‘Holy grail’ hydropower plan unveiled for Scottish lochs

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The company behind a major green energy scheme that will use water from Loch Ness to create a giant “rechargeable battery” is planning to develop two new similar projects at Loch Awe and Loch Tay.

The proposal to create a 450-megawatt pumped storage hydro scheme near Dores, on the east shore of Loch Ness, has been lodged with Scottish ministers.

An old hydropower scheme with Ben Lawers in the background.

An old hydropower scheme with Ben Lawers in the background.

Named Red John, the development will use excess power generated by wind farms to draw water from the loch and pump it to a specially created head pond in the hills above.

The stored water can then be released through tunnels to generate hydro electric power quickly at times when it is needed.

The scheme, from Hamilton-based Intelligent Land Investments (ILI), will provide 2.8 gigawatt-hours of storage capacity for the grid over a six-hour period. It will also have “black start” ability, meaning it can immediately begin producing power if there is a sudden shutdown of supply.

The two new proposed developments will be even more powerful than Red John – 600MW at Loch Tay and 520MW at Loch Awe.

Mark Wilson, chief executive of ILI, says: 'Pumped storage is completely efficient. The energy is always there to be able to store it. That's why they call it the holy grail.'

Mark Wilson, chief executive of ILI, says: 'Pumped storage is completely efficient. The energy is always there to be able to store it. That's why they call it the holy grail.'

The three ILI schemes are part of a total 4.1GW of new pumped storage hydro in development across the UK, all of it in Scotland except a 100MW scheme in Wales.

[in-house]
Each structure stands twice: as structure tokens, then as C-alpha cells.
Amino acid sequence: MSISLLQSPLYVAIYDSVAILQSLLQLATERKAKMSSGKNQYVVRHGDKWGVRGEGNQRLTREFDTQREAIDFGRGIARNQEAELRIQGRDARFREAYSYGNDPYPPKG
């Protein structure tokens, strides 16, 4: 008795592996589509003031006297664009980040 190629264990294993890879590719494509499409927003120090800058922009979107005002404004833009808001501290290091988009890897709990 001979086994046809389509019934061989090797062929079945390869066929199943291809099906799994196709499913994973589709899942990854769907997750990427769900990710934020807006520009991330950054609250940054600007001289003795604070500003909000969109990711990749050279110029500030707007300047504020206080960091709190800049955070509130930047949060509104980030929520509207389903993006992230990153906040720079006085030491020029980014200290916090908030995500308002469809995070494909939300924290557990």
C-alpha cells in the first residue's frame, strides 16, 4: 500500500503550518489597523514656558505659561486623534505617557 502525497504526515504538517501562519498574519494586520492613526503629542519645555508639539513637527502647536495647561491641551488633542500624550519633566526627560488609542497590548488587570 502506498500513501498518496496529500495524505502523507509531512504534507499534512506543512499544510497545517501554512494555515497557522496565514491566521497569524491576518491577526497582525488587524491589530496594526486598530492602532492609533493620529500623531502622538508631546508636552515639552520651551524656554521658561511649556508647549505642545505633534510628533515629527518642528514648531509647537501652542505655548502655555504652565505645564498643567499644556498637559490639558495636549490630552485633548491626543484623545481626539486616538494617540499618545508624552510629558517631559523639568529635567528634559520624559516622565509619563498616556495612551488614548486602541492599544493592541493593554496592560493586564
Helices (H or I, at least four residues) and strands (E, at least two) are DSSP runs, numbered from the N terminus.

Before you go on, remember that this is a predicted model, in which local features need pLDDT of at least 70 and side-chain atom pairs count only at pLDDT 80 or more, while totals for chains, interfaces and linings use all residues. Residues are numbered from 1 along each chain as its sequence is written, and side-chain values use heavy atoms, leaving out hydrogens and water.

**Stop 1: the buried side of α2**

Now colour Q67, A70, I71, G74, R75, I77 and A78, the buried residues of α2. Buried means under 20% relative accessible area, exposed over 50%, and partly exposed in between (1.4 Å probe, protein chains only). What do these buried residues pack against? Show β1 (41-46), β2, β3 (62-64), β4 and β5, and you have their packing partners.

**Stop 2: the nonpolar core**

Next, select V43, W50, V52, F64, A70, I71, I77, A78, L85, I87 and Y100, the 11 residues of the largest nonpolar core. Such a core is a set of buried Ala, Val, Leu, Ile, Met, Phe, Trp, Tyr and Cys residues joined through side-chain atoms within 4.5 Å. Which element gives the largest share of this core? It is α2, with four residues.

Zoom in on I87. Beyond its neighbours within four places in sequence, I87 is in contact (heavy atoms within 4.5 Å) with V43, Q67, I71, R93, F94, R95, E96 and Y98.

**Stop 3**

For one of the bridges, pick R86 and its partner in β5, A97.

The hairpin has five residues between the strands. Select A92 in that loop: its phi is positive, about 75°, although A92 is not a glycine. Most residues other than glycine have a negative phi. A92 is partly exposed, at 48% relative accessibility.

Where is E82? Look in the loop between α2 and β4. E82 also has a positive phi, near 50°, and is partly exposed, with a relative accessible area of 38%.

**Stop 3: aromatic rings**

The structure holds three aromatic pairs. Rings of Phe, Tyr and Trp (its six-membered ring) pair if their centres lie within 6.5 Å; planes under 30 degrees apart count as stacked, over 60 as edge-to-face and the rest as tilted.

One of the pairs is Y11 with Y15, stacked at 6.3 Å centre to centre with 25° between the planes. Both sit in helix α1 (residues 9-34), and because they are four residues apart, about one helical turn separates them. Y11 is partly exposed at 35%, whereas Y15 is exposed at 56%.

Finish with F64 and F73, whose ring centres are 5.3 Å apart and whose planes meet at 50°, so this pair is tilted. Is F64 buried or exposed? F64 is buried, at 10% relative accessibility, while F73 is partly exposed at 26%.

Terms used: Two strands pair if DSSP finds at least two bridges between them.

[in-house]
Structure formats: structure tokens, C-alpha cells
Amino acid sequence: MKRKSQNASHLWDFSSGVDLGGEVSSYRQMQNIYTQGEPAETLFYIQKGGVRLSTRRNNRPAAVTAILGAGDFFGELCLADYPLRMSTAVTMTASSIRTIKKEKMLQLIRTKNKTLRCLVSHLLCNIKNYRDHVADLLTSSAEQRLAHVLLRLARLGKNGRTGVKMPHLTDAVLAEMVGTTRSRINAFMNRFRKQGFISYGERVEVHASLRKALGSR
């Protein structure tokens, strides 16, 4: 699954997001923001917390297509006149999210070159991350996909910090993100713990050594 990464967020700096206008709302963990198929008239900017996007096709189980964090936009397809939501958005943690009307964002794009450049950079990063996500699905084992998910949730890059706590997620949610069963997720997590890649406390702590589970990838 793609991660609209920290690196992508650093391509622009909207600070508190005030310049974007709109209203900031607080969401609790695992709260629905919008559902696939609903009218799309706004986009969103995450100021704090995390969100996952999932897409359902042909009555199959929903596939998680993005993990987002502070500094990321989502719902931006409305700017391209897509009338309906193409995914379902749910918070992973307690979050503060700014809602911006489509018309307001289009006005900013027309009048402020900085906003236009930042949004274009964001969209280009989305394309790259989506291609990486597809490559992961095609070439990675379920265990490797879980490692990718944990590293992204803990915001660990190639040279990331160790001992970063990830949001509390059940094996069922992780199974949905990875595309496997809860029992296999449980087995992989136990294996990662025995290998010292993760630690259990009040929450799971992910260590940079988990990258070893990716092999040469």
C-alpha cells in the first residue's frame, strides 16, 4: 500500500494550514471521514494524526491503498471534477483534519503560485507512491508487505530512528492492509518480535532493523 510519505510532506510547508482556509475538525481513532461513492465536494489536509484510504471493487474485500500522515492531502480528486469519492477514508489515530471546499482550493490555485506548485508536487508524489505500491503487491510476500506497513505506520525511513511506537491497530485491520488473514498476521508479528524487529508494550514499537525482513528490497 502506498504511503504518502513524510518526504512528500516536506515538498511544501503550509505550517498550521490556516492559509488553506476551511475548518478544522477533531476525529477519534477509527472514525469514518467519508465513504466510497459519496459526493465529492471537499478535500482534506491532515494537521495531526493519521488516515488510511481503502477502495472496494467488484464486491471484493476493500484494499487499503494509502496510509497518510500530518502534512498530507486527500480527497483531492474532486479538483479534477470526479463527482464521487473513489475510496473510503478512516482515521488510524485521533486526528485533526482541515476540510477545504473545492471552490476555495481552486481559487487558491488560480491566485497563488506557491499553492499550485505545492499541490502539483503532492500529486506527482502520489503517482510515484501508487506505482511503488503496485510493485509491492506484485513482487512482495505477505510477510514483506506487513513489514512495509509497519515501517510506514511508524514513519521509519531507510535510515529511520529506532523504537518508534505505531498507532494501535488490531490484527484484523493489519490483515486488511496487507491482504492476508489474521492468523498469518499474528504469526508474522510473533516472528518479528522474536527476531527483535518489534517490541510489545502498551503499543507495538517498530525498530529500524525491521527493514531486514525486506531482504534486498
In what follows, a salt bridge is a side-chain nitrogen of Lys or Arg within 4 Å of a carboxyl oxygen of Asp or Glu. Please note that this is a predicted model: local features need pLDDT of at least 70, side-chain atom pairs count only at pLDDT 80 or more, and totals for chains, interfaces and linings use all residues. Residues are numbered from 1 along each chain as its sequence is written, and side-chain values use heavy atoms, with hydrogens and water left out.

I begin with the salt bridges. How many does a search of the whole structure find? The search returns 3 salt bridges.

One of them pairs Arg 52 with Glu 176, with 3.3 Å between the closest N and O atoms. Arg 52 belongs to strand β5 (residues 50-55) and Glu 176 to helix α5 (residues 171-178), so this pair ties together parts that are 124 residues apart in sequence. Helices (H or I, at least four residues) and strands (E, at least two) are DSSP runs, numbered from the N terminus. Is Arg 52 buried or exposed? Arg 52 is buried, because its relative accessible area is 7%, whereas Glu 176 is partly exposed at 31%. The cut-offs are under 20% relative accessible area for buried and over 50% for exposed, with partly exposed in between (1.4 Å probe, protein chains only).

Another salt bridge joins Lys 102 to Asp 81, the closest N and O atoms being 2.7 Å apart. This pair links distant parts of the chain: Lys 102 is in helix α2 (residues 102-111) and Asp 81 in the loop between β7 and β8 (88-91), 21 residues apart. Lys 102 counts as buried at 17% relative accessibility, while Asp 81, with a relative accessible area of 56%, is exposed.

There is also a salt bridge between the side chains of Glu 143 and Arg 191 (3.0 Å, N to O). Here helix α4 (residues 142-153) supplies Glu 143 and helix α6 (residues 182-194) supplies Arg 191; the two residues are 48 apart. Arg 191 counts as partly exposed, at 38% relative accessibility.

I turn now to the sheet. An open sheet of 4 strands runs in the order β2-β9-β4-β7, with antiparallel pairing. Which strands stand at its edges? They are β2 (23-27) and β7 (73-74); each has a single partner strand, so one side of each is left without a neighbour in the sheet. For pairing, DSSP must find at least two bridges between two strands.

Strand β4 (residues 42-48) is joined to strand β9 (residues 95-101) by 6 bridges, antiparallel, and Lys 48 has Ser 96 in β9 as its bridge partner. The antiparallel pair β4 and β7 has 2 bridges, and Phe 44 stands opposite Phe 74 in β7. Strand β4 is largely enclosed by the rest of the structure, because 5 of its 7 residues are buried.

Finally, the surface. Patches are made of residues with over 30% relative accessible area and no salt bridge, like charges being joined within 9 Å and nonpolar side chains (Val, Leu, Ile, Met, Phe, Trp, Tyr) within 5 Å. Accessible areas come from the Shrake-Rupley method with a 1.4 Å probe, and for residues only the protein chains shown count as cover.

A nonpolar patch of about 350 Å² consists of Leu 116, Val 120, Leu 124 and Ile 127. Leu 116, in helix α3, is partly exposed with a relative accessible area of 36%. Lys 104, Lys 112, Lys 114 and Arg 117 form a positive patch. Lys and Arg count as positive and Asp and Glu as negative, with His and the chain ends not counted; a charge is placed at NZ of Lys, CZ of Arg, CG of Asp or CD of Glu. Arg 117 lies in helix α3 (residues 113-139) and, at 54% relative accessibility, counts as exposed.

There are already two pumped storage hydro plants operating north of the border – the 440MW Cruachan “hollow mountain”, near Dalmally in Argyll, and the 305MW Loch Mhòr, at Foyers in Inverness-shire.

The technology has been around for more than a century but industry experts believe the modern schemes could be a game-changer in the move to green power.

The main drawback of renewable energy schemes such as wind farms is intermittency of supply – they cannot generate power when the wind doesn’t blow. Conversely, turbines often need switched off when winds are strong but demand is low.

Pumped storage has been hailed as the “holy grail” in the quest for energy security.

“Pumped storage is still quite under-recognised,” said Mark Wilson, chief executive of ILI. “It’s just not out there – nobody has shone a torch on it. But it’s so simple. When you don’t need power, or when power’s cheap or would go to waste, you use it.

“Millions of pounds a year is wasted on curtailment payments when turbines are switched off. Rather than doing that you can use the wind energy to power the water back up the hill to the top reservoir. So you are mitigating against curtailment wastages.

“Then, when power is required at peak times, you just let the water go back down to the bottom reservoir – it goes through the turbines, creates energy and powers the system. That happens all day every day.

“Pumped storage is completely efficient. It’s clean. It gives energy security because you’re not having to import gas from Europe. The energy is always there to be able to store it. That’s why they call it the holy grail.”

Scotland’s climate and landscape make it well suited for pumped storage hydro.

Fabrice Leveque, senior policy manager at industry organisation Scottish Renewables, said: “Scotland’s plentiful rainfall often dampens spirits but it acts as one of the country’s best renewable energy resources, utilised by one of our most popular, well-established green energy technologies – hydro.

“Scotland’s geography provides many suitable locations for large pumped storage hydro schemes so it’s excellent to see such a strong pipeline of projects on the horizon.”